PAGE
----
Published: December 2nd, 2015; by Judi Hughes
“Always plan ahead. It wasn’t raining when Noah built the ark”, wrote Richard Cushing.
As we approach a new year it is traditionally the time to think about the future. To lay out plans for our business; to set targets and identify new initiatives that will result in a growing successful business.
Before you start to think about the future, study your past. You have a huge advantage over start-up businesses; they must leap into the future with only their dreams to guide them. You, on the other hand, have history and that tells you a great story. Knowing your history allows you to look into your future with knowledge and to make educated decisions based upon experience and trends.
To help you make sense of your past here is a checklist of things to look for.
Things to think about as you reflect back over the past year:
- What worked; what didn’t work? In all areas – clients, team, product, market, financials, operations.
- What have been the special accomplishments? What are you very proud of? Can you repeat this?
- What were the distractions? What can be done to minimize them next year?
- What gaps have you identified that need to be filled in the future? For yourself and your business.
- What got you really excited last year? How did that play out? How can you stay really excited this year?
- What projects did not get done? Do they need to be done? Are they still valid? What can be saved or repurposed into something else?
- Did you meet your targets? If not why not?
- Where did the business come from? New clients, existing clients?
- How did the business come to you? Referrals, Pay per Click, advertising, newsletters, cold calling?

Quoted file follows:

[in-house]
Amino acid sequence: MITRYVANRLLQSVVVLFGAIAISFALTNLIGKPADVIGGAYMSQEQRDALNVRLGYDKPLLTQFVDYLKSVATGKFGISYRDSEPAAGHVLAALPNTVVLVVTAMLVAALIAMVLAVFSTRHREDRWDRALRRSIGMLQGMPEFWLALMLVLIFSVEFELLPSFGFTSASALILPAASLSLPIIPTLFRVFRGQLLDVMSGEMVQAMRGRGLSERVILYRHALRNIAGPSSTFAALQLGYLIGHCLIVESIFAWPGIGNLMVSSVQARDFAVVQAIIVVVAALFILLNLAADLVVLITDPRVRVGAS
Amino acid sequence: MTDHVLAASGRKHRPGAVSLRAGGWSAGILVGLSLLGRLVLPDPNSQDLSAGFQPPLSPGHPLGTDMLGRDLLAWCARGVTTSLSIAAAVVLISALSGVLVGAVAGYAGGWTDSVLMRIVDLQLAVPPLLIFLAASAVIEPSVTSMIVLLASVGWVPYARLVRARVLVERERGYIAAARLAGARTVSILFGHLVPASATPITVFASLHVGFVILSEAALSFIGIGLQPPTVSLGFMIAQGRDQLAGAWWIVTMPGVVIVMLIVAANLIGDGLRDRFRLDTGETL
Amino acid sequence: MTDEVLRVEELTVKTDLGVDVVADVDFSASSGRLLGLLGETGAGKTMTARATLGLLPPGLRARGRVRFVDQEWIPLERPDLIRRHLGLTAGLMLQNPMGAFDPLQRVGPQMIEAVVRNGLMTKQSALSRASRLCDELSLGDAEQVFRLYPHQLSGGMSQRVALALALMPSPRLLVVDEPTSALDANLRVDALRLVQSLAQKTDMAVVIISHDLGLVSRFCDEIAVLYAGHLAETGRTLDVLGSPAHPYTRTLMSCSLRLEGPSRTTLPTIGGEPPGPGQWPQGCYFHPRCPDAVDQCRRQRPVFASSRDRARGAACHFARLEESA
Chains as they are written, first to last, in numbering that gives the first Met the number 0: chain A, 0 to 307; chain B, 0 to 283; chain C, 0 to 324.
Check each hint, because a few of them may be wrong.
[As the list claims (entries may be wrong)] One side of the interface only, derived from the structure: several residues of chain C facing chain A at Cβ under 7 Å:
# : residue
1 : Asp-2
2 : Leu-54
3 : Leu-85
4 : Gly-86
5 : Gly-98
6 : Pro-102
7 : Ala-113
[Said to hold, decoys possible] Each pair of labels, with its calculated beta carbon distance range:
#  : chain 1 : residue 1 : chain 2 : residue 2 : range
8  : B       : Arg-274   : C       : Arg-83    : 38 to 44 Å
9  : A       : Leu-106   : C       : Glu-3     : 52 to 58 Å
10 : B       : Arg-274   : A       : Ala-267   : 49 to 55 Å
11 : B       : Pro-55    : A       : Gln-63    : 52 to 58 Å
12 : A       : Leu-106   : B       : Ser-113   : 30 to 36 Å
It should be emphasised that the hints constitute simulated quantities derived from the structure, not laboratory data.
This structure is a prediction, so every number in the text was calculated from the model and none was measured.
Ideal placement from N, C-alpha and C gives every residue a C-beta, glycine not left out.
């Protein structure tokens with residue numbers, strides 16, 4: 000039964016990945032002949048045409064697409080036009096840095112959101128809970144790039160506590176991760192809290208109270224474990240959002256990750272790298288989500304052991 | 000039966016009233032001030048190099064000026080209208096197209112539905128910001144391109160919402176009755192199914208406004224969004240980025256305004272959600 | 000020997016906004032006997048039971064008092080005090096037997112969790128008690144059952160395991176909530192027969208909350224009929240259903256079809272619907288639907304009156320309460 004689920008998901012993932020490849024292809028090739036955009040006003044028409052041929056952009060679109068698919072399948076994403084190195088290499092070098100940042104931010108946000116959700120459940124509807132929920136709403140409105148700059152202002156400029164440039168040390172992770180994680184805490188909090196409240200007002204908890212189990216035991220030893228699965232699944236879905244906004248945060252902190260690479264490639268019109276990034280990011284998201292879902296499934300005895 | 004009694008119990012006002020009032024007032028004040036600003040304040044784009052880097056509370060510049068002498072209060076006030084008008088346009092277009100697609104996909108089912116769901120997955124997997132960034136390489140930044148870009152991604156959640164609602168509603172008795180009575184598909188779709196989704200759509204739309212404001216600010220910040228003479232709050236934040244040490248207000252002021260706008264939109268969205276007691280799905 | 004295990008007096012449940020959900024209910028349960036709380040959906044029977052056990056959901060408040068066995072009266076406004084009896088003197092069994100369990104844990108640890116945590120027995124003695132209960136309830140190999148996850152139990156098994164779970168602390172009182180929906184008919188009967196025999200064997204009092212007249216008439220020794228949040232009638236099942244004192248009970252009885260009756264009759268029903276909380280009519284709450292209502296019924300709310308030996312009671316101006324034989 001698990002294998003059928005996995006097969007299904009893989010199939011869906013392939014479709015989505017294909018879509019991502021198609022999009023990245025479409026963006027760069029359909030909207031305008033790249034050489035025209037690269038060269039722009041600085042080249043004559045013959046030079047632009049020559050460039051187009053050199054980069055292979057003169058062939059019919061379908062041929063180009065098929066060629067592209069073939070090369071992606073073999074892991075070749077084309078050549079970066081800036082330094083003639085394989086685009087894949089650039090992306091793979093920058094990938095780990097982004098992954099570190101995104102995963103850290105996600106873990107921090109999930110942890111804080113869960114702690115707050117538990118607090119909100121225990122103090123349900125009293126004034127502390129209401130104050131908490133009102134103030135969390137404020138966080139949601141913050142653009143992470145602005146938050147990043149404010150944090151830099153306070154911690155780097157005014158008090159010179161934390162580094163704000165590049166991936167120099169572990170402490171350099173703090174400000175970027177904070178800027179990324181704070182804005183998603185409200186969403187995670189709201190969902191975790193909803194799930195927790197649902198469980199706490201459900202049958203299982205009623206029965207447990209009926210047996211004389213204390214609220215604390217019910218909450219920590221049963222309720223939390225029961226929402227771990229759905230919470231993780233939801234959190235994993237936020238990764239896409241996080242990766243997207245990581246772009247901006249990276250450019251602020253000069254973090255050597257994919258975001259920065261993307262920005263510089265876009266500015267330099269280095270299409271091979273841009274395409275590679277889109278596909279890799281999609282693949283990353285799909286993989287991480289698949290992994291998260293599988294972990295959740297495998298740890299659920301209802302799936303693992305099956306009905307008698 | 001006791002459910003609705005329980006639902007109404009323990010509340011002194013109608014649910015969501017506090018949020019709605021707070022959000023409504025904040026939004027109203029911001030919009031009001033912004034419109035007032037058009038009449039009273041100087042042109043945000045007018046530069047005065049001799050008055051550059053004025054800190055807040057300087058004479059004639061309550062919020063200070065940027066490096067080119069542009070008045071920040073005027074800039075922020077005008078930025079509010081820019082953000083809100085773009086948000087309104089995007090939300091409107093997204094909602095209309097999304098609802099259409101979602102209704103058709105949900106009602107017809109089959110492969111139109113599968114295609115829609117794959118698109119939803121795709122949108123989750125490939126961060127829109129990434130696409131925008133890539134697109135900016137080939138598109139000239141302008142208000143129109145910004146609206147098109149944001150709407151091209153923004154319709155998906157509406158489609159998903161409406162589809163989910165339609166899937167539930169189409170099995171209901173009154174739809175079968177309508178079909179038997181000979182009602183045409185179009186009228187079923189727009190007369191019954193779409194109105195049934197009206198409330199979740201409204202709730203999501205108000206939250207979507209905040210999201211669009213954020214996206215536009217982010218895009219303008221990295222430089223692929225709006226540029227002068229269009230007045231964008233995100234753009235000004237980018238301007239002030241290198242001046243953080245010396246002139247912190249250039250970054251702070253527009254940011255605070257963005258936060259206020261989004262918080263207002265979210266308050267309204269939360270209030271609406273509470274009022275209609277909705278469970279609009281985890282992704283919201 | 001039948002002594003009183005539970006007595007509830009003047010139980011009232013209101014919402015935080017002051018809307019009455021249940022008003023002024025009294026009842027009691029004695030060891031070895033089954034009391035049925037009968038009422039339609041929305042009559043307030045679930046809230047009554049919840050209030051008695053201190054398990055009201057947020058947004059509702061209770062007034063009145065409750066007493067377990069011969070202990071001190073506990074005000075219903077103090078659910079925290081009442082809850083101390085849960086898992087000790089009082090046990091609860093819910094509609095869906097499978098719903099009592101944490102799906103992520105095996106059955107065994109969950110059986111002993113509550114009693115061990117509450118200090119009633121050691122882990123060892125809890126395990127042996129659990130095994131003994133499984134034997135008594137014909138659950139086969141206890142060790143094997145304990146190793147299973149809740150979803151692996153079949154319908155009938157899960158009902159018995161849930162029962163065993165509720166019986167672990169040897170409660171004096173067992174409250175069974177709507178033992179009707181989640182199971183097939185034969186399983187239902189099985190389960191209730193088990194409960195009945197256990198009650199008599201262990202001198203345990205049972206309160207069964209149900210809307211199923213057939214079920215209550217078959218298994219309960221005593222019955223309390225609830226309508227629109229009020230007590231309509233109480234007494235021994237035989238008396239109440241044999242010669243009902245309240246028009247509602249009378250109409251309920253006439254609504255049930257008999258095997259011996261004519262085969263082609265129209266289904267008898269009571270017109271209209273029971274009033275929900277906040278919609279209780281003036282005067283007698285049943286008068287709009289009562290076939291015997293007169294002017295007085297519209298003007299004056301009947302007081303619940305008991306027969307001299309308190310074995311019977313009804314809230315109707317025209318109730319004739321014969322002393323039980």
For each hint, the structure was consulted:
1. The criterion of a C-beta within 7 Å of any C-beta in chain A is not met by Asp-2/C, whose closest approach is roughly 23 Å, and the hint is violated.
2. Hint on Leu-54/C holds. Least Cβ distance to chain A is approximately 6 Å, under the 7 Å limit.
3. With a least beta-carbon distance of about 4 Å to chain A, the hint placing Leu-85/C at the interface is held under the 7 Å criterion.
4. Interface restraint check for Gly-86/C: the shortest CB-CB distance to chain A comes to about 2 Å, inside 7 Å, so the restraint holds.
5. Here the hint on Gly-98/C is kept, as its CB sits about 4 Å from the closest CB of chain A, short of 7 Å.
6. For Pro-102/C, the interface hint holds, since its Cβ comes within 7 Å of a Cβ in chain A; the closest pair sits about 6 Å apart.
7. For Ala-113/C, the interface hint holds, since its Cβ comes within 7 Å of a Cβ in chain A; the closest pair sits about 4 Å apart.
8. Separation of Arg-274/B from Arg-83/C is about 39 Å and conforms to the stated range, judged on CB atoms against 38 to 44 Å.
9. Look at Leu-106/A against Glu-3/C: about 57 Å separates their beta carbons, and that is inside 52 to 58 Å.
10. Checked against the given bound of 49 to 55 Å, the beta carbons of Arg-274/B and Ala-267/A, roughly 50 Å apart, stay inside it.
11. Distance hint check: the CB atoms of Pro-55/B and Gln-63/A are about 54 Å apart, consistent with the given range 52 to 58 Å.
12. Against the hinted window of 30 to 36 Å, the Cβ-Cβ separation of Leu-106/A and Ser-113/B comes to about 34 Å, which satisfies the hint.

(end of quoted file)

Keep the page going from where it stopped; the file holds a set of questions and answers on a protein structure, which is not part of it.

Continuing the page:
- What products sold and WHY? What products didn’t sell and WHY?
- What products could you have that you don’t have now?
- What are people saying about your company? Did you conduct a survey? Are you going to?
- Are your marketing tools working? What marketing tools are not working and why?
- Revisit Ideal Client. Has it changed? Who is really buying from you?
- Financials for the past year(s) – revenue and expenses. What is the revenue for each product? What are the expense items that make up 80% of your expenses?
- Sales by Client – Who is buying? What is the average sale? Who are the top 20% of clients by revenue? Are they profitable? Are there any clients not profitable? Are you too dependent on one client?
- Sales by product/service. What are the popular ones?
- Who do you think your competition is?
- One way to find out is Google words that you think people would use to find you.
- Listen when you are at your association meetings.
- Look at who you are losing business to; who else’s name keeps coming up?
- When you are clear about your true competition:
- Look at their strengths and weaknesses
- Don’t compete with their strengths
- Identify and embrace their weaknesses – address their weaknesses and YOUR strengths
- Friendly competition is also good. They can refer you work or collaborate with you – and you with them. Who do you consider friendly competition?
As you work through your planning preparation don’t spend too much time thrashing through the things that went wrong. Yes, you should be aware so you can avoid them in the future. Instead, focus on what went right and determine how to duplicate those things.
For more on how to plan the future of your business AND how to successfully execute the plans download our free handbook Planning for Success.